University of Maine at Presque Isle professor Jacquelyn Lowman, who has been a paraplegic for 15 years, successfully rappelled down a 110-foot tall building in Worcester, MA, on Saturday to raise money for charity.
The annual fundraiser known as Over the Edge is an urban rappelling fundraising event that raises an average of $100,000 for nonprofits in North America. Lowman received pledges totaling $1,050 for Canines for Disabled Kids, a 501c3 nonprofit organization that brings together children with disabilities and service dogs.
“We are very excited we made it,” said Lowman, a few minutes after completing the feat. “It was an amazing experience.”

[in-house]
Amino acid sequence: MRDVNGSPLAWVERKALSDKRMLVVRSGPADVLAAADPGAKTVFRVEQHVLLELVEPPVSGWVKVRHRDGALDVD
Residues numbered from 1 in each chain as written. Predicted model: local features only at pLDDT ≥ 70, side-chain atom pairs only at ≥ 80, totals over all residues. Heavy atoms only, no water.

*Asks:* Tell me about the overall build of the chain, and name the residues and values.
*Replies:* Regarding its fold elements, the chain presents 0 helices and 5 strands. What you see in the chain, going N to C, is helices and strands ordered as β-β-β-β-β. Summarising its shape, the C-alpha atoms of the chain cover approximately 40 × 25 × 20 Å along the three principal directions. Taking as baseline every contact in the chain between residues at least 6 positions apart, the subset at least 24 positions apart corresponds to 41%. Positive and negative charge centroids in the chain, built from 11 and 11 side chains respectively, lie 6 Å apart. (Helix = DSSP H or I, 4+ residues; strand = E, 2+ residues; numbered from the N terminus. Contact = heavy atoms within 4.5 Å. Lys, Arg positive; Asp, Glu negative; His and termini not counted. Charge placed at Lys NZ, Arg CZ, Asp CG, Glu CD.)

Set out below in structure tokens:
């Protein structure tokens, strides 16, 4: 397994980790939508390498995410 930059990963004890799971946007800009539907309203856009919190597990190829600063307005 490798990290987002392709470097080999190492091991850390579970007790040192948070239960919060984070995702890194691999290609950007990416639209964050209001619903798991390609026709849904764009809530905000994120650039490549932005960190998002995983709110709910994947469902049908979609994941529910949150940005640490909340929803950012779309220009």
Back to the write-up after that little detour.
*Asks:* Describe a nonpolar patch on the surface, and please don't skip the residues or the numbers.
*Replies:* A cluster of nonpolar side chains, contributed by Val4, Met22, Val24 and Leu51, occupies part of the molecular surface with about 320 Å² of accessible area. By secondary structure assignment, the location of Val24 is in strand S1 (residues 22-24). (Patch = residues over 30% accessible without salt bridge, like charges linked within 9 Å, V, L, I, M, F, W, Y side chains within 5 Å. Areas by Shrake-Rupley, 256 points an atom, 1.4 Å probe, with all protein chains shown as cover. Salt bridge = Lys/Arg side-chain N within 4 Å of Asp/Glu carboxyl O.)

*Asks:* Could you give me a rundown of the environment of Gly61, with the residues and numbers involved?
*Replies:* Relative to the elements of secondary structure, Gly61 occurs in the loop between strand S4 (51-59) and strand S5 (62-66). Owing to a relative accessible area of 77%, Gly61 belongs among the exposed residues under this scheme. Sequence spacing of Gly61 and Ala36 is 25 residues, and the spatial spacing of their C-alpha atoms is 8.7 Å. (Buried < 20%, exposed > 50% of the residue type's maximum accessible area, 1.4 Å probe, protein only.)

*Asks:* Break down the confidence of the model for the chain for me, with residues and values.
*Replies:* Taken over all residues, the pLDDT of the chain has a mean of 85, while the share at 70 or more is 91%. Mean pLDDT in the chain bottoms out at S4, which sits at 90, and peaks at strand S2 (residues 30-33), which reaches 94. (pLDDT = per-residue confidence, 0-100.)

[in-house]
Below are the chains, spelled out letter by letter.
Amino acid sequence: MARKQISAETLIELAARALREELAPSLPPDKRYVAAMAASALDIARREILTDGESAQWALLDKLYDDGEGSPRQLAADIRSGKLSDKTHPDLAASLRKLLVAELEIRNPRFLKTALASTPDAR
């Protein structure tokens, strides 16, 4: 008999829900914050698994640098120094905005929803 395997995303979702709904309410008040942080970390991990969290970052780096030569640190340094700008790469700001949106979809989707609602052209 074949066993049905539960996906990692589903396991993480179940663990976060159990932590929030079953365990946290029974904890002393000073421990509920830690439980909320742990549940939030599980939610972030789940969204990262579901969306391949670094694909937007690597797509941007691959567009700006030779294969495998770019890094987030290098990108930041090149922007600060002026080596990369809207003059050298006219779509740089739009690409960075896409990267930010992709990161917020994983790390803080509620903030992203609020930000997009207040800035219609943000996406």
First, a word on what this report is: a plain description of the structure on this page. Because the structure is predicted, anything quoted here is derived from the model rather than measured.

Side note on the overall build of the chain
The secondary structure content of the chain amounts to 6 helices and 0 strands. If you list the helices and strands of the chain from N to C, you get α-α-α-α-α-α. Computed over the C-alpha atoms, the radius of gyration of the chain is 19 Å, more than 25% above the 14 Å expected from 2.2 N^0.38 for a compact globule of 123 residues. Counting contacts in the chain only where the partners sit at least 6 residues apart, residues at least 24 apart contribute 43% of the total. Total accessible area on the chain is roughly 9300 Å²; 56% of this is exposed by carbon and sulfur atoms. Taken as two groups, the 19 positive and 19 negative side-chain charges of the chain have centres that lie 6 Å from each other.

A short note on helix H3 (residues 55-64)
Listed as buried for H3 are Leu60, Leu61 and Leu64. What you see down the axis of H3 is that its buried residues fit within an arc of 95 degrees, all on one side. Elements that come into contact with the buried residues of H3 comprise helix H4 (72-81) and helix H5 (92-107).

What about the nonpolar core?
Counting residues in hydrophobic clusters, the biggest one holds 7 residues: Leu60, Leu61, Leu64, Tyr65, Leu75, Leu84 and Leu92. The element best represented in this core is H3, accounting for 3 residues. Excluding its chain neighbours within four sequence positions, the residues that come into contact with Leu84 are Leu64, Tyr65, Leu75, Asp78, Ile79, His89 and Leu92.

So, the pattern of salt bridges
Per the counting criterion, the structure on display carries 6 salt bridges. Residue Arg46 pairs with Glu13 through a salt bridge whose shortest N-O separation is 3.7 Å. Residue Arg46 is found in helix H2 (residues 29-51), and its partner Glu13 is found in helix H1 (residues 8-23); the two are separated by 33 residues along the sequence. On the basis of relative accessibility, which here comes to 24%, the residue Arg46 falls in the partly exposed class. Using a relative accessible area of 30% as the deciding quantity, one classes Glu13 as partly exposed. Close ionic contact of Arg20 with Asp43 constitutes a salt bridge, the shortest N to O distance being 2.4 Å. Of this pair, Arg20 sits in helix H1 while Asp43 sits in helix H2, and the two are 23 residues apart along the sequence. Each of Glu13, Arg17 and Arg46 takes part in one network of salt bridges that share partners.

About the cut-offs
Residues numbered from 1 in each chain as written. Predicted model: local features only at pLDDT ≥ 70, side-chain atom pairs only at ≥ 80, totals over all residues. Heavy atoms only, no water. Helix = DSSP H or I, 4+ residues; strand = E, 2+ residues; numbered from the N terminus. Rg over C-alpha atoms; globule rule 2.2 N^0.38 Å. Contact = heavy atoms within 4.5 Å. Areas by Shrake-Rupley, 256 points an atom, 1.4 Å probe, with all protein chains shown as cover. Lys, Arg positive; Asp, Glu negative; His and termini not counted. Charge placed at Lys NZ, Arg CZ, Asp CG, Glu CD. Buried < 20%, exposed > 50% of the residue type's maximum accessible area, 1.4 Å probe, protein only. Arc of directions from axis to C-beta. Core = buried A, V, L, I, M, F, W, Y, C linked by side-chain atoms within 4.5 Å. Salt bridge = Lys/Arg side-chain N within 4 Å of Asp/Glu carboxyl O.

Lowman, 71, is a professor of professional communication and journalism who uses a wheelchair and is supported by a service dog named Dusty. Lowman was born with spina bifida, a congenital spinal defect that gradually worsened with age.
Lowman, who was assisted by attendants on the roof who secured her to the rappelling line, slowly descended the 9-story building located at Mercantile Center 120 Front St., in Worcester by herself. After reaching the ground she was assisted back into her wheelchair by attendants.
“We weren’t ever afraid,” said Lowman, who uses the pronoun we. “We did some spinning and thought things might not be great but we straightened out. We have a feeling we’ve done it and showed people that anything is possible.”
Canines for Disabled Kids’ goal is to increase independence for children with disabilities and their families through service dog partnerships, according to its website.